Albeit a simplistic illustration of the power of AI and ML, nearly 40 years ago, writer and movie director James Cameron released the film, The Terminator. Cameron’s film depicted a fictional world of which an indestructible robotic human controlled by a superintelligence system named Skynet (IMDb, n.d.). In Cameron’s storyline, Skynet is the neural network software product of what we assimilate as AI and ML today. Theoretically, this example demonstrates a particularly dystopian form of what may be possible with advanced AI. However, according to Wissner-Gross & Freer (2013), AI has the capacity and potential to spontaneously emerge and completely take over the world, consequential to intelligence itself.
As with most innovative technologies, the US Government is constantly modernizing and advancing to remain competitive in any future battlefield. However, multiple ethical dilemmas exist when conjoining the development, advancement, and implementation of AI-enabled systems that are weaponized, autonomously capable, and highly adaptive. According to Sullivan et al. (2017), the US will not maintain a technological overmatch over adversaries on future battlefields due to the convergence of advanced technologies, such as AI. With fully autonomous weapon systems in mind, one of the most prominent ethical dilemmas is at what inflection point should the US Government consider AI-enabled decision-making or targeting unethical. Moreover, the current US policy requires that weapon systems allow for the “appropriate level of human judgment over the use of force” (DoD, 2017, p. 2). Overall, AI has tremendous positive and negative impacts on society and the future of all technological advancements.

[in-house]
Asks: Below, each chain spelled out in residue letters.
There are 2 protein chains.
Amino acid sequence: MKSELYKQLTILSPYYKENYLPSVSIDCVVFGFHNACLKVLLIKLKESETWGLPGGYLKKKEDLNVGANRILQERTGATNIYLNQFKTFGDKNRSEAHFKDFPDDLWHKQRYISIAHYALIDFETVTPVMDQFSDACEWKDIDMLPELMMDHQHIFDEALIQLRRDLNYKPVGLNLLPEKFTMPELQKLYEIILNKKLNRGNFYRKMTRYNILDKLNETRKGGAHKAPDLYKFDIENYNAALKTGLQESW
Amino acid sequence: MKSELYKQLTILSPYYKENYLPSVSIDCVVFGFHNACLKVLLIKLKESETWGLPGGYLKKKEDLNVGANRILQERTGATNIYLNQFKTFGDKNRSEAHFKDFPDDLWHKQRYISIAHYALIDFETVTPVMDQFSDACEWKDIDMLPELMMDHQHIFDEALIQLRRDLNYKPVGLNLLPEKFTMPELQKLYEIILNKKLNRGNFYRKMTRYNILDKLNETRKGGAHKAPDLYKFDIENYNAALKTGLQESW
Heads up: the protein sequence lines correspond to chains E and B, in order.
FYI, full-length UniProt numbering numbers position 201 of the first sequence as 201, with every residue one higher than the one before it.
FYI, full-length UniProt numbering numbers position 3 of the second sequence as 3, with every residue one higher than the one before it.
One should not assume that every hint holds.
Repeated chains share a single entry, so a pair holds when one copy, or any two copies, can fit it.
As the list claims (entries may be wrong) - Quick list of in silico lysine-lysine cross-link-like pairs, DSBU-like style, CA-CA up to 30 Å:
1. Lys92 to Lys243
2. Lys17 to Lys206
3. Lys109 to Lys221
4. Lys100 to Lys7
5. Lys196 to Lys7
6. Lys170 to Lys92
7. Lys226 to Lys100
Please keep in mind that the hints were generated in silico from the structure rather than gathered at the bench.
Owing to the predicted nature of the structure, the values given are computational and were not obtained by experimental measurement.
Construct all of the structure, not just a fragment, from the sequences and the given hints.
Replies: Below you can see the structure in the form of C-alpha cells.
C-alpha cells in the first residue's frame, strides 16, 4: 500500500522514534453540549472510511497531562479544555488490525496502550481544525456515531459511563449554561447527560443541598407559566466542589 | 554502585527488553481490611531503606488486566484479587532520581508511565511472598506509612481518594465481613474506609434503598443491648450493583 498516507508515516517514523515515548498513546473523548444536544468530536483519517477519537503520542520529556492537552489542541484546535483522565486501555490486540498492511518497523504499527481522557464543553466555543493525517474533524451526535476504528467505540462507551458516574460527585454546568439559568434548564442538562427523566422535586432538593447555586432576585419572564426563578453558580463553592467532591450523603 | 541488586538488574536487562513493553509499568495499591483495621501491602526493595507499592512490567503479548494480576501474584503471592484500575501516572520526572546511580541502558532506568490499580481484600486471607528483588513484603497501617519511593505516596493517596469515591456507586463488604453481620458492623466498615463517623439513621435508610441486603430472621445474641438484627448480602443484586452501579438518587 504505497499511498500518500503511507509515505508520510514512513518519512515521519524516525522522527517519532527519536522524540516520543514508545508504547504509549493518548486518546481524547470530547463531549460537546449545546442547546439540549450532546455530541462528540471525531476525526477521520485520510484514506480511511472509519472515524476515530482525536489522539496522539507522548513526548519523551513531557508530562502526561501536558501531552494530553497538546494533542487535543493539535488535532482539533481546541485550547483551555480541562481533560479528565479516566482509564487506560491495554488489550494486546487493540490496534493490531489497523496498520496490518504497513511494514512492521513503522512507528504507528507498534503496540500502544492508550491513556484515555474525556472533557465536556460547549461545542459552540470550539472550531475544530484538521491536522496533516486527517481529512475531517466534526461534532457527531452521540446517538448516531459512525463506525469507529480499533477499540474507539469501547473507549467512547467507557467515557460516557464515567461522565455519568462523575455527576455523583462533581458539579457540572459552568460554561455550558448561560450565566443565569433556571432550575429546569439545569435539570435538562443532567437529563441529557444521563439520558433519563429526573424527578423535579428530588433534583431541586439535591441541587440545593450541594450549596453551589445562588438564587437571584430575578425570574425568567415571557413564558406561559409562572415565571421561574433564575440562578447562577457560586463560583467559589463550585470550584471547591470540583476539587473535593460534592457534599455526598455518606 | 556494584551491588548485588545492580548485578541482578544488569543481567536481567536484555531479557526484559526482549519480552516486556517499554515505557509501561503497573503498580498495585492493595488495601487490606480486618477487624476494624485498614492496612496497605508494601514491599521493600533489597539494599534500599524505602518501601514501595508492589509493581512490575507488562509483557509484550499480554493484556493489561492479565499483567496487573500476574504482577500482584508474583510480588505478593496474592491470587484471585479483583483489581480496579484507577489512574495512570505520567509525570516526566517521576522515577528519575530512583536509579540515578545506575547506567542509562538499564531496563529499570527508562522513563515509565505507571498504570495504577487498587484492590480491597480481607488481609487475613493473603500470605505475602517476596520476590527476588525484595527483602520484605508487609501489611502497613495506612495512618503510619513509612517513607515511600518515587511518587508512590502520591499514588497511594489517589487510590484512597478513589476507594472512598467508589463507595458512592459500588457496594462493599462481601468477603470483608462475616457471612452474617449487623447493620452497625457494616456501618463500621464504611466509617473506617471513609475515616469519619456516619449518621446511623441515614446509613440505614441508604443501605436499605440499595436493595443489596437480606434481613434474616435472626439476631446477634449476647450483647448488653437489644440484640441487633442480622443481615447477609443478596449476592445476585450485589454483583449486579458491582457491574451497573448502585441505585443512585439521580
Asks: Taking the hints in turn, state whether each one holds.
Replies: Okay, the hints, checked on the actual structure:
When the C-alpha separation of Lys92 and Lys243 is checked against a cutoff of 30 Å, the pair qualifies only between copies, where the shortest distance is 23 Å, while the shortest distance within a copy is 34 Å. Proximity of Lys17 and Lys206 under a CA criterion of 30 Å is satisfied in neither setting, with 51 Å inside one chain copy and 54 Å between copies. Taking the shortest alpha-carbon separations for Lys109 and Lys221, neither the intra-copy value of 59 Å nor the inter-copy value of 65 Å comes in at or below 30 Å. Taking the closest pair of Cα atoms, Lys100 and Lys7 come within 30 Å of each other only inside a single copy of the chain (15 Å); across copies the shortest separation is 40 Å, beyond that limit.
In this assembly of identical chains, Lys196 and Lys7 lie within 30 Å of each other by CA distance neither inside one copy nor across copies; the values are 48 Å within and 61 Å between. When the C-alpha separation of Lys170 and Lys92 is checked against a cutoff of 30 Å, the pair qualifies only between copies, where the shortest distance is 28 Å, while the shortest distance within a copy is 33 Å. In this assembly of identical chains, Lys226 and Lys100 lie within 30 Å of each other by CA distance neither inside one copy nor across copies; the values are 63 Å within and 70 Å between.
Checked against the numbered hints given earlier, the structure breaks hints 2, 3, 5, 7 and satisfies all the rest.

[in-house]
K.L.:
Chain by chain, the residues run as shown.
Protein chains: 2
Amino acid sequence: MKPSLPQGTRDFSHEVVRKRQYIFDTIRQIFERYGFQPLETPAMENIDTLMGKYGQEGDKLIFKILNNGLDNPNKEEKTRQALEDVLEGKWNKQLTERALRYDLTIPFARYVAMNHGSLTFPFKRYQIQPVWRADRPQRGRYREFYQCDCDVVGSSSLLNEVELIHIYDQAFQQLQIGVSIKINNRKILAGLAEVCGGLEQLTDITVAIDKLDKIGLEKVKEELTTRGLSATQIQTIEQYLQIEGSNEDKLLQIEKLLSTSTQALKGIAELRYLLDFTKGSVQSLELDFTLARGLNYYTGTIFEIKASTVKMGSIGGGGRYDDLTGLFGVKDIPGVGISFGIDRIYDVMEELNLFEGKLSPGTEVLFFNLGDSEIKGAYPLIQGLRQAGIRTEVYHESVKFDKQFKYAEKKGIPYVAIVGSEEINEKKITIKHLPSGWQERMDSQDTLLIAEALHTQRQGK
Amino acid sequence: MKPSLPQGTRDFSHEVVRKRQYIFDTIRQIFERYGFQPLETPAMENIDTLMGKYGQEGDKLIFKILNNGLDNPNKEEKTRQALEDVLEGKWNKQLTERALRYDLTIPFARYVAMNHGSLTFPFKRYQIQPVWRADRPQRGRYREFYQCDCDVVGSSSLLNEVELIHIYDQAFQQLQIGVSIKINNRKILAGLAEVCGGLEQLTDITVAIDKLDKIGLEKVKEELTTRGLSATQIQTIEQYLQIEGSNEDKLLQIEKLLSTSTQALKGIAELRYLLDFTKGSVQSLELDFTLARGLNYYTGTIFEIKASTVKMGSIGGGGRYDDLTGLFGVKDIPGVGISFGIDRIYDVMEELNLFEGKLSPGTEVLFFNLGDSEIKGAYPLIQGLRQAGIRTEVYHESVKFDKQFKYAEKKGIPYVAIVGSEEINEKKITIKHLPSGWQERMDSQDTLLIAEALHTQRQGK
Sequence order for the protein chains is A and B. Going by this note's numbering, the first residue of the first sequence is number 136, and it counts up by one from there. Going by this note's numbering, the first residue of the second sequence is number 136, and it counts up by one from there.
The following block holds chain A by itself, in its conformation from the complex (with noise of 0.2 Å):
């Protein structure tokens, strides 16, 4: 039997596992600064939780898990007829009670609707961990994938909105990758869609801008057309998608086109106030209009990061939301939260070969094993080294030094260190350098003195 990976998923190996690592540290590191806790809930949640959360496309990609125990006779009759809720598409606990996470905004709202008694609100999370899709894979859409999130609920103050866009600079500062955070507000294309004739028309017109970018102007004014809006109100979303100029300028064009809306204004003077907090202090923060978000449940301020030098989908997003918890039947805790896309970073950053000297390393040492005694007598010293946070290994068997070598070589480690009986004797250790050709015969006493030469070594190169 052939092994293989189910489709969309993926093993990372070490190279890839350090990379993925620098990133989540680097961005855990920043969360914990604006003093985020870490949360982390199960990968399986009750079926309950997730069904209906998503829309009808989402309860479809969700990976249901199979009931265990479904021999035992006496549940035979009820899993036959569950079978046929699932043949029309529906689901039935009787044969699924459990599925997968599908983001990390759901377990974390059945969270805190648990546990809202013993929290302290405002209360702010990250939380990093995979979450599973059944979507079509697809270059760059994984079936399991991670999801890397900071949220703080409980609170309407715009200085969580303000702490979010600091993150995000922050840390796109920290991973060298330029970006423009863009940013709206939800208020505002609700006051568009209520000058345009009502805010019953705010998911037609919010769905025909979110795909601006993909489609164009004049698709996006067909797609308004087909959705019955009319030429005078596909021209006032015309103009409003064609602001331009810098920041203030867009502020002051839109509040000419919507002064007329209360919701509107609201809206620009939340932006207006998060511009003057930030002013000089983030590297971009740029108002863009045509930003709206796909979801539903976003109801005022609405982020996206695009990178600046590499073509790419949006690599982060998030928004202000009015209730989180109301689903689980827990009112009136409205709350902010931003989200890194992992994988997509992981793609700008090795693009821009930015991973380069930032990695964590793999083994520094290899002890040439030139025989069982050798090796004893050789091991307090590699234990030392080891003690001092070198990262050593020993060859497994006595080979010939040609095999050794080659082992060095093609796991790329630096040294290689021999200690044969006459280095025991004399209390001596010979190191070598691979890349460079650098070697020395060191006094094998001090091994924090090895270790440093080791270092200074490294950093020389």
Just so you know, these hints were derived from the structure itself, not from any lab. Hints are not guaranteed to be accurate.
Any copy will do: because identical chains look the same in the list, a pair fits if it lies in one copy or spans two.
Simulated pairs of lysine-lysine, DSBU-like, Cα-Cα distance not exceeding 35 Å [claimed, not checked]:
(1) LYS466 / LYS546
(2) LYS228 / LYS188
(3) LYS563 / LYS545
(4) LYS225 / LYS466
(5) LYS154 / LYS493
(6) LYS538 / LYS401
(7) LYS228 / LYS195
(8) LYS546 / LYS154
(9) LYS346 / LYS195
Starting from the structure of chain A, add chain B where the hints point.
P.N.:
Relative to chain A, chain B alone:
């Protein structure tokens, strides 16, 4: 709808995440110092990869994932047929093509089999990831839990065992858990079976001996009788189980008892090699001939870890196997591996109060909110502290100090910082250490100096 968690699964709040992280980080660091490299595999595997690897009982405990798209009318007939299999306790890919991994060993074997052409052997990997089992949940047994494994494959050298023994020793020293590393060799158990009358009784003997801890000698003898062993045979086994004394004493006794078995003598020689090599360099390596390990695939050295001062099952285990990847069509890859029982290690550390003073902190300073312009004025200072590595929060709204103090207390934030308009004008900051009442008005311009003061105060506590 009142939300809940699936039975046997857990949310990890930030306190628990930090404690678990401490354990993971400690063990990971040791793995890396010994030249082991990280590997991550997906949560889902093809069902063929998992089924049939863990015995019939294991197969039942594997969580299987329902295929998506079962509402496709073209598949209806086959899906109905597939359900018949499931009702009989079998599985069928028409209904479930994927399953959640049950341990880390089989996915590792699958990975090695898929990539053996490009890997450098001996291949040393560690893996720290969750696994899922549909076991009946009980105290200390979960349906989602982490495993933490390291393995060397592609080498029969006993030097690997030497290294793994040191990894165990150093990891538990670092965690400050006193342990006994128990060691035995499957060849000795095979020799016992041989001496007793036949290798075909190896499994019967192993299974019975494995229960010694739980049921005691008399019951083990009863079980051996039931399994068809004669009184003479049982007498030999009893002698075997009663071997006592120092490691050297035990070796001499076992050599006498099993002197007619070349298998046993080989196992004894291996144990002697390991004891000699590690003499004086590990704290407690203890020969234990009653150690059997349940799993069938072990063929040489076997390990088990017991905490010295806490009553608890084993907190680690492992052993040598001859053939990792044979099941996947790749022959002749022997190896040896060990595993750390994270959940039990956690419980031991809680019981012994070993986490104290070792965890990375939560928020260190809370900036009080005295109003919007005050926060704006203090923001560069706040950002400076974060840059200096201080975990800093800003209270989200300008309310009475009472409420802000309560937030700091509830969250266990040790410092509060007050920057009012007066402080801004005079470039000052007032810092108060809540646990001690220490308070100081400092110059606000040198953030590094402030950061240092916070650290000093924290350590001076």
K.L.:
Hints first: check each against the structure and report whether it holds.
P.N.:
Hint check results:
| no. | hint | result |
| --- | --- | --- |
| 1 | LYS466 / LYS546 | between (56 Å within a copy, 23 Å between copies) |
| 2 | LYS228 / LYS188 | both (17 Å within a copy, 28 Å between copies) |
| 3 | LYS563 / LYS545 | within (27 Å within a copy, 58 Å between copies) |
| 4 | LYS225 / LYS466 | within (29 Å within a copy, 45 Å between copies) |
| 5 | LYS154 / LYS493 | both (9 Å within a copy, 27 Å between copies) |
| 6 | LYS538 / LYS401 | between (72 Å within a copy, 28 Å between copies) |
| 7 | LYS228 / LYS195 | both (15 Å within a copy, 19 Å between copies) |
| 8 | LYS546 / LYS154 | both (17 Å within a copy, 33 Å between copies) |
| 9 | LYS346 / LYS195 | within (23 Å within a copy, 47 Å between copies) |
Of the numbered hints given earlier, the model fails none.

Examining the US Government’s use of AI development and innovation, the purpose of designing programs such as human enhancement and lethal autonomous weapon systems was to reduce the overall risk to Soldiers. According to US Congress, “the term ‘artificial intelligence’ means a machine-based system that can, for a given set of human-defined objectives, make predictions, recommendations or decisions influencing real or virtual environments” (William M. (Mac) Thornberry National Defense Authorization Act, 2020, p. 1164). Recognizing the application and potential of AI and ML to make predictions and decisions, coupled with robotics and autonomics, the future of how Soldiers fight on the battlefield will undoubtedly change. In the example of the Smart Sensor Brain, AI and ML technology supports the autonomous control of multiple sensors and is autonomously capable of “perceiving, making inferences, and reporting observations without the requirement for ground Processing, Exploitation and Dissemination” (CDAO Public Affairs, 2022, para. 4).